One should be bold to earn the right to freedom of speech and expression
Satbir Singh Bedi | 25 Aug 2013

The right of speech and expression is guaranteed under the Constitution of India but can one really exercise this right in all circumstances and at all places except at serious risk to one's life or limbs? By the right to speak, I do not mean idle gossip or the talks, which go on privately between friends in a bus criticizing the Government or other authorities. If one is working in a Government department, can he tell his boss that he is wrong in his thinking or he is favouring a particular company or by writing "Please speak" or "Please discuss" in the marginalia of a file and then not discussing the matter, citing pre-occupation with more serious problems, he is simply delaying the matters? One may do so but at grave risk to his career. 

He may not get his long-awaited promotion. The same is true even of public sector and private companies. No one dare tell the "Dada" of the street that he is wrong or he is doing illegal or immoral things. If he does, the "Dada" may break his leg or cut his hands. No one can tell a leader who is delivering a speech that whatever he is saying is just plain nonsense and that he had not fulfilled his election promises because if one does so, he will be badly beaten up. S.K. Dubey exercised this right and wrote to the Prime Minister's Secretariat against frauds. He lost his life.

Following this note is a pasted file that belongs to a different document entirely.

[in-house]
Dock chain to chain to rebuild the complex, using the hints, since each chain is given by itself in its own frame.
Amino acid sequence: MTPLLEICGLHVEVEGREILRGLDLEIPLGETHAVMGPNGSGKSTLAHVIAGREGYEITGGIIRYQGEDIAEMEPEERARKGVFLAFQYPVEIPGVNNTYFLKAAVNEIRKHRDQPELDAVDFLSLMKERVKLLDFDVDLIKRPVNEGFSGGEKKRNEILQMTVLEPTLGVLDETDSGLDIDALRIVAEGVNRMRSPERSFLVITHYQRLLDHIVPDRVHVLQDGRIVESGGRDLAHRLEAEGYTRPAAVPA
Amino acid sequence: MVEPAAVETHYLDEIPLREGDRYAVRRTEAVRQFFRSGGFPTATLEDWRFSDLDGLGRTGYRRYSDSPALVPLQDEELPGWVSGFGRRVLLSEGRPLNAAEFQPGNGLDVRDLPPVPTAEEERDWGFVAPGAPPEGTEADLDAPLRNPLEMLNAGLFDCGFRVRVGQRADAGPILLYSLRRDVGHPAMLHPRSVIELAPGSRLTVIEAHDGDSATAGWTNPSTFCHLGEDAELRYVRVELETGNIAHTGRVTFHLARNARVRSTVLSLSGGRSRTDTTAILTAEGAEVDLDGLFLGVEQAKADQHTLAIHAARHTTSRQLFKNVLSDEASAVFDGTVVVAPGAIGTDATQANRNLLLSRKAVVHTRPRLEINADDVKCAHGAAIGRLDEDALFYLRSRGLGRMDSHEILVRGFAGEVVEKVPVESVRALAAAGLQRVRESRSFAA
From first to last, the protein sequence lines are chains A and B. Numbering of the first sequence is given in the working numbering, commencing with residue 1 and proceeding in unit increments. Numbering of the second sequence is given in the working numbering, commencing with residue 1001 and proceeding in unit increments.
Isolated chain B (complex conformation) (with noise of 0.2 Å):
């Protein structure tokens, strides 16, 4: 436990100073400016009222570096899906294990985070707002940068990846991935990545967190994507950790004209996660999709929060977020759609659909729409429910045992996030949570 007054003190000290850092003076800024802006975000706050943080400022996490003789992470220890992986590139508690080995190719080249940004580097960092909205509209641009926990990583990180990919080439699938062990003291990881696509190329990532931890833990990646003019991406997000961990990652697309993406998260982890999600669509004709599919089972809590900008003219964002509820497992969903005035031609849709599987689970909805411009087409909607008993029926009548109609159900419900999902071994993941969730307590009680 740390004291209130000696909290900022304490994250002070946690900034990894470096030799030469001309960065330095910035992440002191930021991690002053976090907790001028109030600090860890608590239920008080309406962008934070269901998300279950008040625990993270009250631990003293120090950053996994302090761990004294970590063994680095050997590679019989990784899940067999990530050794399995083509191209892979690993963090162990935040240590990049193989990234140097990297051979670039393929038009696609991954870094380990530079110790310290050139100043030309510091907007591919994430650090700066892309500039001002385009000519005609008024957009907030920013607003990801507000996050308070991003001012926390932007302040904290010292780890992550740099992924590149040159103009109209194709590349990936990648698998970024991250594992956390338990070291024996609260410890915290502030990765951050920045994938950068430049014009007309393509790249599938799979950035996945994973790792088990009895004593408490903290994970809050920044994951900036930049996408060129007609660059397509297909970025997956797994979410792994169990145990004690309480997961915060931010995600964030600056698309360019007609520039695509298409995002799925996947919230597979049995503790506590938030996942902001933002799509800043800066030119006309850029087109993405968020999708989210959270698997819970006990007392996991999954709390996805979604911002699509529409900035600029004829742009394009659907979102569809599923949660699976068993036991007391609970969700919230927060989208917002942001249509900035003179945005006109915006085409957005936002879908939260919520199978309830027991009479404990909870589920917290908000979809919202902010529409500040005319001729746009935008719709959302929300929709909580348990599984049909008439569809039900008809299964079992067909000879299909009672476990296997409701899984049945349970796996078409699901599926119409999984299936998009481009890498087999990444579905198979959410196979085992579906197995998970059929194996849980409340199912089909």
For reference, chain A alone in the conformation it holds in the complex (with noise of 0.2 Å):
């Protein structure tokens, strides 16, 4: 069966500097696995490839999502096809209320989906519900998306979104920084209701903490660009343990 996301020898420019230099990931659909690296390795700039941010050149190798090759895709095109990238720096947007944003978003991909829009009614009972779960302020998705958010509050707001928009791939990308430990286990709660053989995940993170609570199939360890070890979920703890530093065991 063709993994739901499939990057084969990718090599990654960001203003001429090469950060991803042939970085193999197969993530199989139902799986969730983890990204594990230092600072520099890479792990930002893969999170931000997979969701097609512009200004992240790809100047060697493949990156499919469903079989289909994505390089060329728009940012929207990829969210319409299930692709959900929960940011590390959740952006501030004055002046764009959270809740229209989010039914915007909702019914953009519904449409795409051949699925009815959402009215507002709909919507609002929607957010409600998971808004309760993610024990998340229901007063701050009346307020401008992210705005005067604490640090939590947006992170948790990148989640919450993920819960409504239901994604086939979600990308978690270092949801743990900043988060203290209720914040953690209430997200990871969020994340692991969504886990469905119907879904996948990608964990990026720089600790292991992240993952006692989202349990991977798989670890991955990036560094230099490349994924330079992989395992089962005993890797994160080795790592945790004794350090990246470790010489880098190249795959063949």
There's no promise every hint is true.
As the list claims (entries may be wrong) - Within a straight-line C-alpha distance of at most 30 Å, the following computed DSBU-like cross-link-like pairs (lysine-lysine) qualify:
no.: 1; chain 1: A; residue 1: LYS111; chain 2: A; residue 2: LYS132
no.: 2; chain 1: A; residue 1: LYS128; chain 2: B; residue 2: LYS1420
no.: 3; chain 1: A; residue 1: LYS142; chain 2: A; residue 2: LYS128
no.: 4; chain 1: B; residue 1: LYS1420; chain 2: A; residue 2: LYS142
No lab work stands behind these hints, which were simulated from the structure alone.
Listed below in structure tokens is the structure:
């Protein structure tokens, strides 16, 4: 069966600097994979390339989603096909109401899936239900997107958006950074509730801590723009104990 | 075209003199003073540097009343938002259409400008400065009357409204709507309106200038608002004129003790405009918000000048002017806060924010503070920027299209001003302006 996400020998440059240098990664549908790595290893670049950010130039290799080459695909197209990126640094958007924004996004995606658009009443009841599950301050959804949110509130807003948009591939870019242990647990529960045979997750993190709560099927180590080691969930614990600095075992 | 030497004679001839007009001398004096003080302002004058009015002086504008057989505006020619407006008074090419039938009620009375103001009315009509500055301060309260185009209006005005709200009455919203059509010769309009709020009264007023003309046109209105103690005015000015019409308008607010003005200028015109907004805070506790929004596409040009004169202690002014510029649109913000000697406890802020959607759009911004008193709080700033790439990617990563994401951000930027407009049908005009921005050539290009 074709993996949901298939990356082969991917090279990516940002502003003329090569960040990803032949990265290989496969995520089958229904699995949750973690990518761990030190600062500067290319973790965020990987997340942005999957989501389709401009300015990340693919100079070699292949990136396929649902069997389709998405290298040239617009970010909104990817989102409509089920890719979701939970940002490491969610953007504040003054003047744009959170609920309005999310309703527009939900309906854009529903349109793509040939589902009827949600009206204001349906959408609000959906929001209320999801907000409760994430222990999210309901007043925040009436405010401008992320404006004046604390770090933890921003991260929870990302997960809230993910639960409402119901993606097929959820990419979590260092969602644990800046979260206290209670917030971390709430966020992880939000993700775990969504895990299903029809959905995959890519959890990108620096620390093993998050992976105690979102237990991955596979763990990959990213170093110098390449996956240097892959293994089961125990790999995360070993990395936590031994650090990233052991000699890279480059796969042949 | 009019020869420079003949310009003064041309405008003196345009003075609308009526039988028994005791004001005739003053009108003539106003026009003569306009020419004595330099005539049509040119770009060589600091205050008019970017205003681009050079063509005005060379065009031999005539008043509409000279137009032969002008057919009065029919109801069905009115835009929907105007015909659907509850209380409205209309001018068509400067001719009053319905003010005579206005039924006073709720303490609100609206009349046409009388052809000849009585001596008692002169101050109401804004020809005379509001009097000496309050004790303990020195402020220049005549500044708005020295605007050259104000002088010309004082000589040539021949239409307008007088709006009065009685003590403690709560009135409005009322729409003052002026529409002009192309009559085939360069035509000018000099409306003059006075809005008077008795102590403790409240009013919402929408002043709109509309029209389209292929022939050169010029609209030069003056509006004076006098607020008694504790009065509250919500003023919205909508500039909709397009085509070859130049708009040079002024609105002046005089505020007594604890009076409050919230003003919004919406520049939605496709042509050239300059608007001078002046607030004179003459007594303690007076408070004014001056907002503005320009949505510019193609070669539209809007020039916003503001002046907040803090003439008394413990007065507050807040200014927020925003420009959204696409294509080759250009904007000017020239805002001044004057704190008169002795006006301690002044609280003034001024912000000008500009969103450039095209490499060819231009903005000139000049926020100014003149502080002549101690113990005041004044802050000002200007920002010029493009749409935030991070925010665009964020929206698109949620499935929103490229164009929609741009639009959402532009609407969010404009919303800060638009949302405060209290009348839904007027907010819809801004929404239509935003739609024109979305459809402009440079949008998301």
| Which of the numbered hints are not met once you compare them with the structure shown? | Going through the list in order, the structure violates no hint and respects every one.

Many persons in the Fodder Scam case were witnesses. Perhaps, they wanted to speak but they can no longer do so because they are dead. Sometimes, even a son cannot speak against his parents and tell them that they are doing a wrong thing. He would be beaten up. Similarly, if an old and helpless parent wanted to say something against his son or daughter in law, he would be humiliated. If a daughter-in-law speaks against his mother-in-law and tells her she cannot bring more dowries and that dowry demanding is illegal, she may have to suffer death or miserable life. This is not only true of 
India but other countries of the world also.

Socrates spoke to his followers and was made to drink poison. Mansoor asserted his right to speak but was hanged. There are many and numerous examples, which suggest that only powerful people can speak and the right to speak cannot be guaranteed but it had to be earned through one's boldness.